Reading Michael Lewis’s latest book, The Big Short, provides not only a fabulous story, well told, but also should put fear into the minds of investors everywhere. The bothersome question that remains is one of just how much trust should anyone place in investment banks and brokers?

Reading The Big Short leaves the impression that nothing coming out of Wall Street should be trusted. Firms like Goldman Sachs were selling their investors investments in subprime mortgages while at the same time shorting them in the belief that the values would plunge. Investment banks were creating pools of subprime mortgages and Collateral Debt Obligations in an apparent reckless manner because the rating agencies were willing to give these securities a high rating. And, the rating agencies were acting irresponsibly in both the manner of investigating the securities and issuing ratings because they were earning substantial profits by providing the ratings. What is astounding is the fact that relatively few people in the investment banks appeared to recognize the level of risk being foisted on the investors through this process. Obviously, the investors were all fools in permitting themselves to be duped by the ratings rather than questioning the composition of the securities they were buying. But that is hindsight. However, the investment bankers should have known better and should have applied the brakes very early on. Why didn’t they? It would seem that the reason was strictly attributable to the tremendous profits they were making from the activity. Despite the big losses suffered by investors and others who held the paper sold by the Wall Street firms, the movers and shakers got their bonuses and continue to get bonuses. The former CEO of Citicorp said in testimony before congress that they continued with the activity because to have discontinued it might have cost market share and/or the loss of key employees. So, is the Wall Street message one of engaging in a foolish activity just because it is so rewarding to some employees or because it raises market share?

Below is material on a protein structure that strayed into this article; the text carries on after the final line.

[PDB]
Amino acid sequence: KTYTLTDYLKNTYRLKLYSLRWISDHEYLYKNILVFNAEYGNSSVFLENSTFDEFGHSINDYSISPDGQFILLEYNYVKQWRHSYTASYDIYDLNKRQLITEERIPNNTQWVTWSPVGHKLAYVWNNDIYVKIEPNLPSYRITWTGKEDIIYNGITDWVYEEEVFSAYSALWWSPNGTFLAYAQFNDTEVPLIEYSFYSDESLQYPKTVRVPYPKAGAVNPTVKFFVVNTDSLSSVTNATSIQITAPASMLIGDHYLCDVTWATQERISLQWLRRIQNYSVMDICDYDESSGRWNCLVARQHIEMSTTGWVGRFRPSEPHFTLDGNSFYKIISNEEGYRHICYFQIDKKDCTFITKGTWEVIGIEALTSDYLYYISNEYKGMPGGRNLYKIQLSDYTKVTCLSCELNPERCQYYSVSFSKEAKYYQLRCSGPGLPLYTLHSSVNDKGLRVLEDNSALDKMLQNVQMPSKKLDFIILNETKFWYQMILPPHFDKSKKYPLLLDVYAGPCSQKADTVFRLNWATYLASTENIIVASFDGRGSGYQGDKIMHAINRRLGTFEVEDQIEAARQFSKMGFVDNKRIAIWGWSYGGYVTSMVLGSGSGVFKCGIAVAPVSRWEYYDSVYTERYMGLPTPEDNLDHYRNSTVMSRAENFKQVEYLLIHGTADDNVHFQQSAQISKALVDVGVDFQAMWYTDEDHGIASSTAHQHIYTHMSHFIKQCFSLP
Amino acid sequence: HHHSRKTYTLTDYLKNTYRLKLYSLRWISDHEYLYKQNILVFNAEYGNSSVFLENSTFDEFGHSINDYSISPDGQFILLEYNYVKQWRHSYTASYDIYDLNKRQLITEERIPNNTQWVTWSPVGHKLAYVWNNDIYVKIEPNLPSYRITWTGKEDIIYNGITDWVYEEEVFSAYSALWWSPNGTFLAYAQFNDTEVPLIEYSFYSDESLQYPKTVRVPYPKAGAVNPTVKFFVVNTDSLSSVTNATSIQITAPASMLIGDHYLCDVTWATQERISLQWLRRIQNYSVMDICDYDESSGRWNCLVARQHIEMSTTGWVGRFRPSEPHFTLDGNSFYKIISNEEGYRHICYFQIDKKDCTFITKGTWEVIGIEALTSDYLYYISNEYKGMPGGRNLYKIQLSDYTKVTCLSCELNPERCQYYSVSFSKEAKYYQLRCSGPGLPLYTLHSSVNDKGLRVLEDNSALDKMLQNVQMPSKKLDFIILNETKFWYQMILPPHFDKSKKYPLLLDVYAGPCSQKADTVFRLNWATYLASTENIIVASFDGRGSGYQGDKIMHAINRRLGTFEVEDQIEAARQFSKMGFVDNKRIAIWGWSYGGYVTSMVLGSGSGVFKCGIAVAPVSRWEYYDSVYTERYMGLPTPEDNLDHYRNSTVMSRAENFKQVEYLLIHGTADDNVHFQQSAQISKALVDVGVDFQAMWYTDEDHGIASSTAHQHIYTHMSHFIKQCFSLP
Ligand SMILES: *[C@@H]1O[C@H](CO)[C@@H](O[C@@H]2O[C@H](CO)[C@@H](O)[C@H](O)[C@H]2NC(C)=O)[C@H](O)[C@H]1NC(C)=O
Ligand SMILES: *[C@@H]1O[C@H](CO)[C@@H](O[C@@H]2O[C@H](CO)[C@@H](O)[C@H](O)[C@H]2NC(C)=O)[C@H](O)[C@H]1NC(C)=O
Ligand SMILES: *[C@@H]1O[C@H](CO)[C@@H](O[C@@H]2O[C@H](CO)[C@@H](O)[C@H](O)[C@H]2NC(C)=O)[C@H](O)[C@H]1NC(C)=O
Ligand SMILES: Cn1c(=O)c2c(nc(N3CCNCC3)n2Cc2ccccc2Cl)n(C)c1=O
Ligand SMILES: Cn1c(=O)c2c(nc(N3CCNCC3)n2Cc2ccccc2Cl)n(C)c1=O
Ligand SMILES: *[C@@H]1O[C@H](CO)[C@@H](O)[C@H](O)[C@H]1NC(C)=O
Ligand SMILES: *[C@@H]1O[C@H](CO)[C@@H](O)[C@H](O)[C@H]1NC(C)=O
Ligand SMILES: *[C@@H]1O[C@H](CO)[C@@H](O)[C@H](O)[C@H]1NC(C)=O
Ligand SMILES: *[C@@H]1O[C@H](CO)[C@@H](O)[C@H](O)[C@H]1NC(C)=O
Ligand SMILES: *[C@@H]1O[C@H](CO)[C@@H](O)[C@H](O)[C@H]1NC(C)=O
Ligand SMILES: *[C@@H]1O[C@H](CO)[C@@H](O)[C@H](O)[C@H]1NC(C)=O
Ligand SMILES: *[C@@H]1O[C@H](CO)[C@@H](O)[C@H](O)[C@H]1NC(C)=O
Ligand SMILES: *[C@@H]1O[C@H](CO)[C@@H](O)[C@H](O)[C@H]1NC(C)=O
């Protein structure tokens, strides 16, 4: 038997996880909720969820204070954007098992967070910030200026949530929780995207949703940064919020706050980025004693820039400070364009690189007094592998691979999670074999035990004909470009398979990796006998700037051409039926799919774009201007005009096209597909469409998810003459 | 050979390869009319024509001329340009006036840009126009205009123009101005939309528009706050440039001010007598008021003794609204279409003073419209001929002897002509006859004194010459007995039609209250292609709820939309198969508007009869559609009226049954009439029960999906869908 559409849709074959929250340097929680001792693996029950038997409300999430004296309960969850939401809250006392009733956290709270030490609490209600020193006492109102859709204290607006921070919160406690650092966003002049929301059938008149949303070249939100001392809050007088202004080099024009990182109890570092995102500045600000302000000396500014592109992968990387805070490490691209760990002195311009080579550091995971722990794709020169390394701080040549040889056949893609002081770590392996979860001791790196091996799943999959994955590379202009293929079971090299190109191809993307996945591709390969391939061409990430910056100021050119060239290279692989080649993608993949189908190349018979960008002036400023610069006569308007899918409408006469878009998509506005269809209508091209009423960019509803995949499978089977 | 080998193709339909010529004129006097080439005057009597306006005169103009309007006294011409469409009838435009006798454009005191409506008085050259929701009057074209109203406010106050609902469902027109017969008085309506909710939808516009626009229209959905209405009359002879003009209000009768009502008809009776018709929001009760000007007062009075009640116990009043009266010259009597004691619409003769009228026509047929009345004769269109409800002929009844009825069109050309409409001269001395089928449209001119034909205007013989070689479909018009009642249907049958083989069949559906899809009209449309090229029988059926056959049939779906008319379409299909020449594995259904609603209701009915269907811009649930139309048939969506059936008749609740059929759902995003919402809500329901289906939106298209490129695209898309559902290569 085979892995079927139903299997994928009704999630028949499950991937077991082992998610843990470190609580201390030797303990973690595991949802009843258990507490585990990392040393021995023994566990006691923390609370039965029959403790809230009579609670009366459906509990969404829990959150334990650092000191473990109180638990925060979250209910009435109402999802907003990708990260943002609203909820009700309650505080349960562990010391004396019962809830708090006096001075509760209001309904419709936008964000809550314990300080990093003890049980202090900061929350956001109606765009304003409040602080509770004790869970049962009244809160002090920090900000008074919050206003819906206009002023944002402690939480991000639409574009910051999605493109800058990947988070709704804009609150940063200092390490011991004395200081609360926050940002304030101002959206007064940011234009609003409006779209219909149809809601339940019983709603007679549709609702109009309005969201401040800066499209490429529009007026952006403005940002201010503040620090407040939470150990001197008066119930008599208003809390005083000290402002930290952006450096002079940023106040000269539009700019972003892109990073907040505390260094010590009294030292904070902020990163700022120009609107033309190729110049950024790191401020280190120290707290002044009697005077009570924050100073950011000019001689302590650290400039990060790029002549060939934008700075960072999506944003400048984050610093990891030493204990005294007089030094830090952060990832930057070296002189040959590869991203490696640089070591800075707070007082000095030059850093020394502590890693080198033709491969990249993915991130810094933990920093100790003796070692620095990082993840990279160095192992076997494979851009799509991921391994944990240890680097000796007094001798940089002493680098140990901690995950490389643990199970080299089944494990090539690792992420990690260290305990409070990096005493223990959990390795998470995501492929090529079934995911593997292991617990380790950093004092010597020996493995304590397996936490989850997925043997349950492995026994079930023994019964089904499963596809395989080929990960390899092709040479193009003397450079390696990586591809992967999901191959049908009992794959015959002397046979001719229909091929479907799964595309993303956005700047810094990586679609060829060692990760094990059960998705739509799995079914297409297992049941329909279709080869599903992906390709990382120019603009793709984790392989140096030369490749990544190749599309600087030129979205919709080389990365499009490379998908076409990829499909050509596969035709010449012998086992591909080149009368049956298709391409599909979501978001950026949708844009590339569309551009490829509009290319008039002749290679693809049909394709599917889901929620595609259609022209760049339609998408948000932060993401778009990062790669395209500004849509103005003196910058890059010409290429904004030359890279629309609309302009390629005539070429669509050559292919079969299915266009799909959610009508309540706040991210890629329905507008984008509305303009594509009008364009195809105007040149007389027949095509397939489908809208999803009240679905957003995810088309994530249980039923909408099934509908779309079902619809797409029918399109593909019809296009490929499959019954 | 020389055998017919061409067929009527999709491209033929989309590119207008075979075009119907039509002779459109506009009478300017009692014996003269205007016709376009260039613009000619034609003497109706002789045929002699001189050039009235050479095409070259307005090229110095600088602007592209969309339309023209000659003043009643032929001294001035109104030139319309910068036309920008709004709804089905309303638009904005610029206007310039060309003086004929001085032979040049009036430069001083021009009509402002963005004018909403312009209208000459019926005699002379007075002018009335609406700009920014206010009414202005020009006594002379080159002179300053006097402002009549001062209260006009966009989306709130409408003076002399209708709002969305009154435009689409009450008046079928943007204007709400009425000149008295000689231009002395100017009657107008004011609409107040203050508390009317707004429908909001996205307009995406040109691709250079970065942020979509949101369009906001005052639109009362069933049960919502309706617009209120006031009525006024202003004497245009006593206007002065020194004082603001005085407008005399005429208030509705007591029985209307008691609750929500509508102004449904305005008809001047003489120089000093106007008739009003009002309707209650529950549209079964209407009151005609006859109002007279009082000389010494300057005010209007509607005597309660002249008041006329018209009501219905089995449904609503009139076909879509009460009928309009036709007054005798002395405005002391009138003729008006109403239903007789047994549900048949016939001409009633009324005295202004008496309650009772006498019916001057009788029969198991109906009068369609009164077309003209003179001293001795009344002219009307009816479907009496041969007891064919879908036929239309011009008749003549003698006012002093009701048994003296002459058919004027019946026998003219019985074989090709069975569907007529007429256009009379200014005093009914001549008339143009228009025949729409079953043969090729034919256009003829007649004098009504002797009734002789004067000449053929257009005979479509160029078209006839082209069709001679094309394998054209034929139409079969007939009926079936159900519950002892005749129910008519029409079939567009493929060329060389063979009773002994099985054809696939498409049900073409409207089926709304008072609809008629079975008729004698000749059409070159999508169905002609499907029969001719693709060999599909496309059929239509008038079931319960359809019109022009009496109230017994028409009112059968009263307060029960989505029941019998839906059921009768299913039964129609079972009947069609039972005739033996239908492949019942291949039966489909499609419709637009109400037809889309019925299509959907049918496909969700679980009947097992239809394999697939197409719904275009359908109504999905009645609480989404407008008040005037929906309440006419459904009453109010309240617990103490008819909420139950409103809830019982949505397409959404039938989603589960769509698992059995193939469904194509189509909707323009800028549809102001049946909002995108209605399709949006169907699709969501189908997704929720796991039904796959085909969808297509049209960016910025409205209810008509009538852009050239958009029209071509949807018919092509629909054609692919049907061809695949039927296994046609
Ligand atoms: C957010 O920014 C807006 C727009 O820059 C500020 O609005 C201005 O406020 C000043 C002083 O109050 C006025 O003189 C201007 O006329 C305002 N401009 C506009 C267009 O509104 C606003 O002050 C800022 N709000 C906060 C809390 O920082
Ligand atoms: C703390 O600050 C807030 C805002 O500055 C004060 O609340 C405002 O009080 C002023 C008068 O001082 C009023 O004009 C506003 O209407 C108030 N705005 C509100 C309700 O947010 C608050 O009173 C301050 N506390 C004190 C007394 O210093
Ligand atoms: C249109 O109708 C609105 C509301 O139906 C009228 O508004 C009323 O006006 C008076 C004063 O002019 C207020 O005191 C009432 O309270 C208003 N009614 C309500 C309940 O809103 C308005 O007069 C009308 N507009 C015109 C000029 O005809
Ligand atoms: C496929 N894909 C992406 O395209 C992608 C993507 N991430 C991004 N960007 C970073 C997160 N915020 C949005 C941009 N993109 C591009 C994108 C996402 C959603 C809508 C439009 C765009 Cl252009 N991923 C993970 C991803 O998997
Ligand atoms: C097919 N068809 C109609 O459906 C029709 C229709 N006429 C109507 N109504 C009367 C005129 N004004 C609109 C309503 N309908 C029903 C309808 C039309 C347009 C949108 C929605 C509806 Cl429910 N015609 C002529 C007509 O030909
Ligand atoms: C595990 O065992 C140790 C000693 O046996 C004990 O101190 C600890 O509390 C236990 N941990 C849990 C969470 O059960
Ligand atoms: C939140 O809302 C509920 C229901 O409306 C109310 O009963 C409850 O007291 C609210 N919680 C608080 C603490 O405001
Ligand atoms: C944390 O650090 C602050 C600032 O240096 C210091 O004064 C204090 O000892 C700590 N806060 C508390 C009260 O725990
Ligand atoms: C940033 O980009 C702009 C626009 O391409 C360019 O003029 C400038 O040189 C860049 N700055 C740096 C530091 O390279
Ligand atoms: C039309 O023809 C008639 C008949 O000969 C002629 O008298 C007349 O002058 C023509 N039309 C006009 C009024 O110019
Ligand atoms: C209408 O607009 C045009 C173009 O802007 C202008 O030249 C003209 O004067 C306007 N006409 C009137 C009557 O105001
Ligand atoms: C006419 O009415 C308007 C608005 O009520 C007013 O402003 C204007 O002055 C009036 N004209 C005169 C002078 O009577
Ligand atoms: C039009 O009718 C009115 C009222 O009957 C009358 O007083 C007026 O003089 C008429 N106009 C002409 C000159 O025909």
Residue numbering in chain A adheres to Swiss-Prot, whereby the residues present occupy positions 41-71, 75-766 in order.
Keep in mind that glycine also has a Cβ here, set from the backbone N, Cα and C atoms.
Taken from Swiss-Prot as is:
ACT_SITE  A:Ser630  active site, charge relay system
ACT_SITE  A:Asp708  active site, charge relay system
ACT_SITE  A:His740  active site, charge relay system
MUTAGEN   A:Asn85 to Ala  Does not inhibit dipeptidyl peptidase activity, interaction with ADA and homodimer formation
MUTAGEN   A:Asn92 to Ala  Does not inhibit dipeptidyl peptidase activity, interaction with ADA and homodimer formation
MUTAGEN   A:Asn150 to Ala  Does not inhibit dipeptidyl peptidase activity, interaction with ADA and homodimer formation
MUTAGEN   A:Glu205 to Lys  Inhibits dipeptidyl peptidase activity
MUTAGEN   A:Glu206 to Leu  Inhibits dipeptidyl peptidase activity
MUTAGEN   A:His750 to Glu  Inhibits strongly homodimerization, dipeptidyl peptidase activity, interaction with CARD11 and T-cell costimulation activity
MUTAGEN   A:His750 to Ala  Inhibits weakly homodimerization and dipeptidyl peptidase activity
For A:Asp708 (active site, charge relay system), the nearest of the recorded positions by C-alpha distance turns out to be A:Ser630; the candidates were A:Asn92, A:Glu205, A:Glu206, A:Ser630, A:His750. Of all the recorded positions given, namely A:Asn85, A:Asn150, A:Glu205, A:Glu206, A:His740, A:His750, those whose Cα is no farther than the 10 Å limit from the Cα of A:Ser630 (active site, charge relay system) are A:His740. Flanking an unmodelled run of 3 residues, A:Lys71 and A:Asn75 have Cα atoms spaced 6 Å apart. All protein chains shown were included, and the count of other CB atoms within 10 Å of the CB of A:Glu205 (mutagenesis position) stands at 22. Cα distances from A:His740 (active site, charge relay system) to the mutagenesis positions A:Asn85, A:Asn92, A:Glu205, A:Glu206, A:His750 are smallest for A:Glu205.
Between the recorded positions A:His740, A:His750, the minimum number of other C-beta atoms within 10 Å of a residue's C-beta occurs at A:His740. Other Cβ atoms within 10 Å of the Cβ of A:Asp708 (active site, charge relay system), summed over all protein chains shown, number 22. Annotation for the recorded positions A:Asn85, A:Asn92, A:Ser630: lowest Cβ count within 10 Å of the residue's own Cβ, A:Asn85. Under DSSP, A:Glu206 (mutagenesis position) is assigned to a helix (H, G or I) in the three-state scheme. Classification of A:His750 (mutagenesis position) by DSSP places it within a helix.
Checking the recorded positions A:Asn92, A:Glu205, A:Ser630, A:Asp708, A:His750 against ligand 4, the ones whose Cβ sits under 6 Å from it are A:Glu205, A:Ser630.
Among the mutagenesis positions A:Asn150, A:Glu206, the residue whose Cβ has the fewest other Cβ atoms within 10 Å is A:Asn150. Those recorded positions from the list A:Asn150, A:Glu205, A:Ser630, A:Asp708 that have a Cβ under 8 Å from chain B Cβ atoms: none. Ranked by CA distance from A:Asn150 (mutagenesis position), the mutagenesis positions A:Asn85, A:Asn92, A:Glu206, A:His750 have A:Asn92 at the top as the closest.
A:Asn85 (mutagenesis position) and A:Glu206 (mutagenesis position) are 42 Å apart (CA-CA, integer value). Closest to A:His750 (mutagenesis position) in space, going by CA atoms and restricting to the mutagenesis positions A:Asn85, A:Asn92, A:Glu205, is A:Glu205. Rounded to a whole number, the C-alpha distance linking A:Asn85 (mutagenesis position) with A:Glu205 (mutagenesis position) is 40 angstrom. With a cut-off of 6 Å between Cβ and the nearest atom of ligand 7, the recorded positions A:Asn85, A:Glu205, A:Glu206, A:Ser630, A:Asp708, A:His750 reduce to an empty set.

Whether or not there was fraud or conspiracy involved in the subprime debacle remains for the regulators and courts to determine. Regardless of the outcome of investigations, the plain fact is that the greed of Wall Street almost caused a total collapse of the U S financial system and systems worldwide. What is curious is the fact that amid continued cries for fewer regulations, the Citicorp executives that testified before congress were quick to point the finger of blame at the regulators for their failure to see the crisis coming and stop the activity causing the crisis.

Stockholders should be completely skeptical of any notion that Wall Street or public companies will regulate or police themselves. That notion defies logic and lacks rational thinking. The motivation of greed can be counted on to take over behavior, particularly when it is other people’s money they are betting with. Sadly, all of the traders who contributed to the subprime mess earned big money and monstrous bonuses whether they were ultimately fired or kept their jobs. Only the investors and the public at large paid the price of their folly.

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